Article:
The recording captures the SHO with great energy and upfront crackling presence. While delivering the heat, dance and punch of this swanking band, its sound is on the lean and sometimes thin side (especially on brass crescendos) and does not offer much in the way of layering or depth to its soundstage, so things are a bit congested. But what the recording offers in spades is the stellar musicianship of the band and a feel for their dancing interplay, as well as the jovial spirit of the band’s three fronting vocalists: Marco Bermudez, Carlos Cascante and Jeremy Bosch.

At the SHO’s Jazz Standard concert, their three charming vocalists hit the ground running, with the band carousing behind them in soaring strides. Bermudez’s voice is gliding and smooth and it sumptuously drove his suave song, “Echa Pa’Lante”, accompanied by brazen choruses from trumpeters Manuel Ruiz and Hector Colon and driving wooden strikes from Jorge Gonzalez’ resonant guiro. Bosch possesses a lighter, more carefree voice, telling his tales with a spoken quality. On his “Soy El Tambor,” his vocals were complemented by George Delgado’s lilting conga and Luisito Quintero’s punctual timbales.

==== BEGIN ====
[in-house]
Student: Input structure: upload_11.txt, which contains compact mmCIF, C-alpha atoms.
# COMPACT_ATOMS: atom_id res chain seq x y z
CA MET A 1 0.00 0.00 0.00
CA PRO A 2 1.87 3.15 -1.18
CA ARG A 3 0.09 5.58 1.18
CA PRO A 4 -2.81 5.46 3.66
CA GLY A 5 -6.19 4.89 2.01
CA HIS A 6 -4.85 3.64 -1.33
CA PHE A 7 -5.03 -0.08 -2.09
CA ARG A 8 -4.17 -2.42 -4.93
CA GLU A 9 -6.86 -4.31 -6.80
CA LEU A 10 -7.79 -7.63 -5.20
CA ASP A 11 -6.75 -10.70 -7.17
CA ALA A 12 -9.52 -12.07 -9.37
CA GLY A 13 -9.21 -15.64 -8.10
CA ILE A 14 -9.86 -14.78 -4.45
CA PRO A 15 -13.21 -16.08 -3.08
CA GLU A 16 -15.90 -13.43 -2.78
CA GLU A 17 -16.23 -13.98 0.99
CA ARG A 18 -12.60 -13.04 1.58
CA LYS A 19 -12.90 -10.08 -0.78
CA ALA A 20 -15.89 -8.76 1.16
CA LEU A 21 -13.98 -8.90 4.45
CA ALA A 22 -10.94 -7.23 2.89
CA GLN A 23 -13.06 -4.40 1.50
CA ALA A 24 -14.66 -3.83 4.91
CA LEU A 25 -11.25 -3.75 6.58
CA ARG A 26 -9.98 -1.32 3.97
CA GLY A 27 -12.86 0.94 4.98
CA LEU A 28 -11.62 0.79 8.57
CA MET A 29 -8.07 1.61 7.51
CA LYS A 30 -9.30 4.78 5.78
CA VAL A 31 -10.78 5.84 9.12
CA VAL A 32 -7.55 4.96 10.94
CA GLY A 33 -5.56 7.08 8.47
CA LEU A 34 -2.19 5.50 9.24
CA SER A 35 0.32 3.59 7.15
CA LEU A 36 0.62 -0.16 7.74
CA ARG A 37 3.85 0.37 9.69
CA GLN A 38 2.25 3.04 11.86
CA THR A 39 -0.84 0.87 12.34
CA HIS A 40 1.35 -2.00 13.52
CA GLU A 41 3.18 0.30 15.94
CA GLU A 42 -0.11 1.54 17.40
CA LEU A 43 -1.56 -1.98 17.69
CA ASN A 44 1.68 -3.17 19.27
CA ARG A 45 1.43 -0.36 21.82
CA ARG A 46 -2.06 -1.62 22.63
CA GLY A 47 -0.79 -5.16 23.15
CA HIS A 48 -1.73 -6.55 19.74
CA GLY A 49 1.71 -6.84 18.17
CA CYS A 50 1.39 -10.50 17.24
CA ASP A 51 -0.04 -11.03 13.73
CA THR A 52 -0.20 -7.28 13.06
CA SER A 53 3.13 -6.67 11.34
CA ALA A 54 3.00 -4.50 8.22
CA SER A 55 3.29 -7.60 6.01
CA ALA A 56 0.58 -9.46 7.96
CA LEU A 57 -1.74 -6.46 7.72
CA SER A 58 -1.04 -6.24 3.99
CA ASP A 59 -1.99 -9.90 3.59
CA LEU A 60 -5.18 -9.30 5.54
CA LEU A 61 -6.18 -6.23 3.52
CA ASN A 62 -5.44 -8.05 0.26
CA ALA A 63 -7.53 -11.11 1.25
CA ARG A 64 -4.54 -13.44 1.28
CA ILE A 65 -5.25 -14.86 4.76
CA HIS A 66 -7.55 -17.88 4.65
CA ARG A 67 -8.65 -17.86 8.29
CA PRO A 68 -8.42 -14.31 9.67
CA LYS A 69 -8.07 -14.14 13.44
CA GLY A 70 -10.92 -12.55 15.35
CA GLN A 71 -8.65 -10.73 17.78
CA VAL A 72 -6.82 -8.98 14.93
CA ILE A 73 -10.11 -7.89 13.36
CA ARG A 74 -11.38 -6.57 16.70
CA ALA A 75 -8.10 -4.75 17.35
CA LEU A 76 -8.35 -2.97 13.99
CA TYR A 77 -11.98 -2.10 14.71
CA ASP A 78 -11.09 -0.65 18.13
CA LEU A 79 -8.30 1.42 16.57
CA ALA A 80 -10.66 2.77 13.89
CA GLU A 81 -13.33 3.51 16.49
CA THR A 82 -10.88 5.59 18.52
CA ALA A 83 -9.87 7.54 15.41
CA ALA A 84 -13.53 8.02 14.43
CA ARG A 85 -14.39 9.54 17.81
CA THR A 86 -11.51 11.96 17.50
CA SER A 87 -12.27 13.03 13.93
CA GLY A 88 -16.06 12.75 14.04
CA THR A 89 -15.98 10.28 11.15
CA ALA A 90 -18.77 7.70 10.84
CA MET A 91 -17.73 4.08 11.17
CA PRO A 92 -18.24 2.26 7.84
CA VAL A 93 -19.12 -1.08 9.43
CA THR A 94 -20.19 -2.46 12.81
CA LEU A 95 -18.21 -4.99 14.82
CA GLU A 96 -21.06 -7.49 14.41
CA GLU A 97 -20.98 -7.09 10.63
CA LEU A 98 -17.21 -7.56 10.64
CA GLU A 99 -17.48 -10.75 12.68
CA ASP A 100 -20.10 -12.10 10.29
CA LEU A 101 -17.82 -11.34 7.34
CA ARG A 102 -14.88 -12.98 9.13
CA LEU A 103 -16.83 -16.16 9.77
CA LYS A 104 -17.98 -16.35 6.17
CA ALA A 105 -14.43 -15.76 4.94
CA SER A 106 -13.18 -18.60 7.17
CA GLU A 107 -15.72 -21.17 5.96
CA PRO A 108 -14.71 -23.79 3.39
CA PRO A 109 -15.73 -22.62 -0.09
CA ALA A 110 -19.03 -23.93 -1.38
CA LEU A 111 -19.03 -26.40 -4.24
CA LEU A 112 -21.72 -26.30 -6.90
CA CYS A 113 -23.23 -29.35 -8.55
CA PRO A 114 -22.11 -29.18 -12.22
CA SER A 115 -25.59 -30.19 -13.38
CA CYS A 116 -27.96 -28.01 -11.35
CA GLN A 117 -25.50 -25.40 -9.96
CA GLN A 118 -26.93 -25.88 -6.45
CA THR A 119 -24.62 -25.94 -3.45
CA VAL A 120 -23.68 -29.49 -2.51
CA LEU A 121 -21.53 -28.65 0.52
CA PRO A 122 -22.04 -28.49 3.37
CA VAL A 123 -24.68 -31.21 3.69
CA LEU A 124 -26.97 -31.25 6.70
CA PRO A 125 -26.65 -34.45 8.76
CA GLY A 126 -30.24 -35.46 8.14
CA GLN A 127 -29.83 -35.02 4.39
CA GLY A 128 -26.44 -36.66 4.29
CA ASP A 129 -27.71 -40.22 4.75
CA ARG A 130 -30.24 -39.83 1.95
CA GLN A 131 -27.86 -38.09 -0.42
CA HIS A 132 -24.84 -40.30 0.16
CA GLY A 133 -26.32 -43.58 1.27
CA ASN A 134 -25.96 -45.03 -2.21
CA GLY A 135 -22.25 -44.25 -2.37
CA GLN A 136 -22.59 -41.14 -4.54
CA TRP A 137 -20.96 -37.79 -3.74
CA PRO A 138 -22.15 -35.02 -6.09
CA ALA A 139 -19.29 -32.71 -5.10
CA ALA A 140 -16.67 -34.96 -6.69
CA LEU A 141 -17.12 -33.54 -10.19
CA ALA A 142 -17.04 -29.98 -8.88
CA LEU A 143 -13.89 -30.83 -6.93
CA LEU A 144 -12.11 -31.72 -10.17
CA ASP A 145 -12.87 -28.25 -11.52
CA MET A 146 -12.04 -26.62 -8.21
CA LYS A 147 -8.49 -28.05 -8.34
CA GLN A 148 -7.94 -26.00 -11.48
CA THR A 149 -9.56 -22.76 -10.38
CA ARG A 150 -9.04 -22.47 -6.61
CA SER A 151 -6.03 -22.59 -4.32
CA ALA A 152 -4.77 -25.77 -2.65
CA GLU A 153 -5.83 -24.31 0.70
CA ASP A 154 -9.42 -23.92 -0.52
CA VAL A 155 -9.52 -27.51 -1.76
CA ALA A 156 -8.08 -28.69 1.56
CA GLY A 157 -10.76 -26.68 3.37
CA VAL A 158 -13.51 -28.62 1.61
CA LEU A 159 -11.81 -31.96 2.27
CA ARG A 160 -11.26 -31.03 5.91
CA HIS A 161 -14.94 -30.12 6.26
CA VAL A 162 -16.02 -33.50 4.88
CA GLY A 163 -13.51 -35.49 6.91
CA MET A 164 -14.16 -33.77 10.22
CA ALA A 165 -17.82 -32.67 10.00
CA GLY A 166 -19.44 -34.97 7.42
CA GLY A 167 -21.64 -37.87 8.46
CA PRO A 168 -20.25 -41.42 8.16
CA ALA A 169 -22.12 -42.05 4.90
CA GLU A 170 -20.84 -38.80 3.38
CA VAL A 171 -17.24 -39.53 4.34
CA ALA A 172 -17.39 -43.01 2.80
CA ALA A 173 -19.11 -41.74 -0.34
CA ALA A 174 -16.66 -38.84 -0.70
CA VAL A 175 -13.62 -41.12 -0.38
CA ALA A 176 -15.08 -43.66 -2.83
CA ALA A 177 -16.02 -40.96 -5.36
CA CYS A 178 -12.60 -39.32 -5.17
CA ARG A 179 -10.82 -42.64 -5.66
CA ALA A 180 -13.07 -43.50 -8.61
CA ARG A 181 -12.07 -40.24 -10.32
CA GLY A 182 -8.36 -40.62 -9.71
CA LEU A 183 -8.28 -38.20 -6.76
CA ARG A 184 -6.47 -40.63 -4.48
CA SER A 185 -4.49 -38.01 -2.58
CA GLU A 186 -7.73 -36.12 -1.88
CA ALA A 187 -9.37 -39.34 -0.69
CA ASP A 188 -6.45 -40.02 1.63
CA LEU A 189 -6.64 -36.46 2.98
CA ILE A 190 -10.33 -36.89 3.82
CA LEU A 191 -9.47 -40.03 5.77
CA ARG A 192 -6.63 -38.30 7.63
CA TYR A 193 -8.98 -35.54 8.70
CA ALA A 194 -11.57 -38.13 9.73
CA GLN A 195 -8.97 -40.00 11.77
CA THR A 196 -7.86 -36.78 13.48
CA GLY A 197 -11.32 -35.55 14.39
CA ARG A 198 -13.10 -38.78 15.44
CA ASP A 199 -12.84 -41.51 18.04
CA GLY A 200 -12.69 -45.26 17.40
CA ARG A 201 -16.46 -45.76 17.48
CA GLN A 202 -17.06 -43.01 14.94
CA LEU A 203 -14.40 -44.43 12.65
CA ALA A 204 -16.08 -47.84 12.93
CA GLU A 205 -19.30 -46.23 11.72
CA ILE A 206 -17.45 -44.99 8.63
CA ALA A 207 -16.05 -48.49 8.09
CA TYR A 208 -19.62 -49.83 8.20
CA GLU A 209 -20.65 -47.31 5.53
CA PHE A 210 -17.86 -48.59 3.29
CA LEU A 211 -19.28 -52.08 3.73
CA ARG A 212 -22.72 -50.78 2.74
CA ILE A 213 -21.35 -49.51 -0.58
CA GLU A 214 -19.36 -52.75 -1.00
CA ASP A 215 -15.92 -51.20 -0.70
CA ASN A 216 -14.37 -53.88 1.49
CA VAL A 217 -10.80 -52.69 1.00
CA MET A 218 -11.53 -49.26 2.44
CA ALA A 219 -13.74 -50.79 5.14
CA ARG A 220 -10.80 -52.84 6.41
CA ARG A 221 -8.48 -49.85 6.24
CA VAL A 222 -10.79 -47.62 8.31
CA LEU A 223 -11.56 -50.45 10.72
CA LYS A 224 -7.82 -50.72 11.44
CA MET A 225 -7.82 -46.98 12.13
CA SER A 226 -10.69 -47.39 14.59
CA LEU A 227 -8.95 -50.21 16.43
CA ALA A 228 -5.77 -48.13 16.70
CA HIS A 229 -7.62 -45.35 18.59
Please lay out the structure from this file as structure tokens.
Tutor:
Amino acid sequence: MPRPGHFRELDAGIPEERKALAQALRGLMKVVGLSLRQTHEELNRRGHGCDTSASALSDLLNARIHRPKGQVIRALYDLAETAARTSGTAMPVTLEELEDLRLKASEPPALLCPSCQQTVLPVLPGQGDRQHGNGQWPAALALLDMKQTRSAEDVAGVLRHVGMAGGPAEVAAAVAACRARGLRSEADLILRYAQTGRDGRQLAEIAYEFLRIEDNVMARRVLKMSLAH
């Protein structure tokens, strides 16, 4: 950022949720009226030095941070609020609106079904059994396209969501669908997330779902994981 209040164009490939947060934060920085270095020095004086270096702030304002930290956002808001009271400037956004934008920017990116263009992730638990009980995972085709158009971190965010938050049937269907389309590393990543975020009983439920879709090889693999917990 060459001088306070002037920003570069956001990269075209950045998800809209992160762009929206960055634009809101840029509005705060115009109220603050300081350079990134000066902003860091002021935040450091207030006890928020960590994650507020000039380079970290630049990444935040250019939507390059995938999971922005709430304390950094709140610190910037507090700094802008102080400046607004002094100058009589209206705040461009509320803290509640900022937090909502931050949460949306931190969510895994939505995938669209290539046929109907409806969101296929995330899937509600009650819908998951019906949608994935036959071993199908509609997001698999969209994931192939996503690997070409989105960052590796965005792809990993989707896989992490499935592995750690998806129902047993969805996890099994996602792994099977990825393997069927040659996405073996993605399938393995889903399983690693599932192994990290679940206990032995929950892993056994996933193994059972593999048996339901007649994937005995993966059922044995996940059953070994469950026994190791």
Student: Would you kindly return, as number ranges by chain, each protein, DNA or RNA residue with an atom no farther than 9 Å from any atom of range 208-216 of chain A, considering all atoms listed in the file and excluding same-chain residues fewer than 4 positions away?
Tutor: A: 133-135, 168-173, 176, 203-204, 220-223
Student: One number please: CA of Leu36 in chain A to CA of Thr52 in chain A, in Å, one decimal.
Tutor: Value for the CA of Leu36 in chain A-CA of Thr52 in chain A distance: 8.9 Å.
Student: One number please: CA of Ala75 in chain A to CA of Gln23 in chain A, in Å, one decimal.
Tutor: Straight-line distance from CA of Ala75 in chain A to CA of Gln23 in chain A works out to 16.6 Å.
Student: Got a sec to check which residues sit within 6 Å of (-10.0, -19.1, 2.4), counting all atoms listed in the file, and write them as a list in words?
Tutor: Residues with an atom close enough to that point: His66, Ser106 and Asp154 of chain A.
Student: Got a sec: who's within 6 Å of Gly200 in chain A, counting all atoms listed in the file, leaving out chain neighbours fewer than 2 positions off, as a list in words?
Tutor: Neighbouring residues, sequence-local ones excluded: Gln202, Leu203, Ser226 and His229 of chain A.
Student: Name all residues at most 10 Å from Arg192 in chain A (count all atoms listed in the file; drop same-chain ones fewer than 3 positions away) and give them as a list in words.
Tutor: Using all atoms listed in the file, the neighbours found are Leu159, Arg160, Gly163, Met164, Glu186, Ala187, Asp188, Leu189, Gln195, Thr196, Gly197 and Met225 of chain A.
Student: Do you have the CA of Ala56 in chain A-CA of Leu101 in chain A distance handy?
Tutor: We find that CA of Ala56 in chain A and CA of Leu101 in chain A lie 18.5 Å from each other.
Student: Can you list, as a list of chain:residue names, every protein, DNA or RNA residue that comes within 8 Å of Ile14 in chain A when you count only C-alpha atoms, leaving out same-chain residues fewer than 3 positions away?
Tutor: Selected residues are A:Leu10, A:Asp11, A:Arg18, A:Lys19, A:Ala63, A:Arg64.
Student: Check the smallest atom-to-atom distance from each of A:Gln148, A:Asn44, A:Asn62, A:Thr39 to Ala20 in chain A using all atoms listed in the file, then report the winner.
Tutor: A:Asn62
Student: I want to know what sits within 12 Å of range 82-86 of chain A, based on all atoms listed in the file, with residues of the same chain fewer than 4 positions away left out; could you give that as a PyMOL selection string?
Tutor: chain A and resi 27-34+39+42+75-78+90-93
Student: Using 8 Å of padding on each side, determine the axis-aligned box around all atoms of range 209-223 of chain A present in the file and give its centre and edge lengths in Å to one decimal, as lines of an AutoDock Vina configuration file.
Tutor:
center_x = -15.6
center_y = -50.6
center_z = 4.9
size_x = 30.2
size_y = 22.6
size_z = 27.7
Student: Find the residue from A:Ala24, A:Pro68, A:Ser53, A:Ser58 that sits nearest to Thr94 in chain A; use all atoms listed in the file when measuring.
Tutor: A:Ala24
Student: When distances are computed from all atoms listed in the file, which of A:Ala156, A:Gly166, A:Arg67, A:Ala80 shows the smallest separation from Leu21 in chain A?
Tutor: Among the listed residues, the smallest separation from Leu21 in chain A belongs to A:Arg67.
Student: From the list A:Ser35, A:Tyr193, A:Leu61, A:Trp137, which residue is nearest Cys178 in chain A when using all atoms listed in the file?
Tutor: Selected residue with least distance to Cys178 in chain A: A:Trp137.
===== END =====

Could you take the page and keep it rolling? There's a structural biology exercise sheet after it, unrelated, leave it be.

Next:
Gon Bopps

Quintero was a whirling dervish on his timbales all night. He hit explosive wooden cracks by frenetically playing all surfaces of his drums, including hitting the sides of his timbales with his drumsticks sending crackling wooden blasts to the back walls of the Jazz Standard.

On another ballad, Bosch took up his flute and played a dazzling duet with flutist (and baritone saxophonist) Mitch Frohman, layering their spirited high runs and leaping octaves in a shimmer of light colors (that had the crowd roaring their approval).


On “Cancion Para Ti,” Frohman’s flute was complimented with lilting chords and touches from Oscar Hernandez’s piano. Hernandez was always at the ready to lend a dancing frolic or the twinkle of a mambo beat. His solo piano ranged far and wide on “Como Te Quise” joined by vocalist Carlos Cascante, whose ardent vocals were steeped in metallic glow from Doug Beavers’ and Noah Bless’ trombones. The SHO built to a final crescendo of brass calls and vocal harmonies, (with cries of “Viva Puerto Rico!” echoing through the capacity crowd). Their final songs swayed on salsa flow, with cowbell and timbales firing on all cylinders to propel intoxicating grooves and dance steps into the night.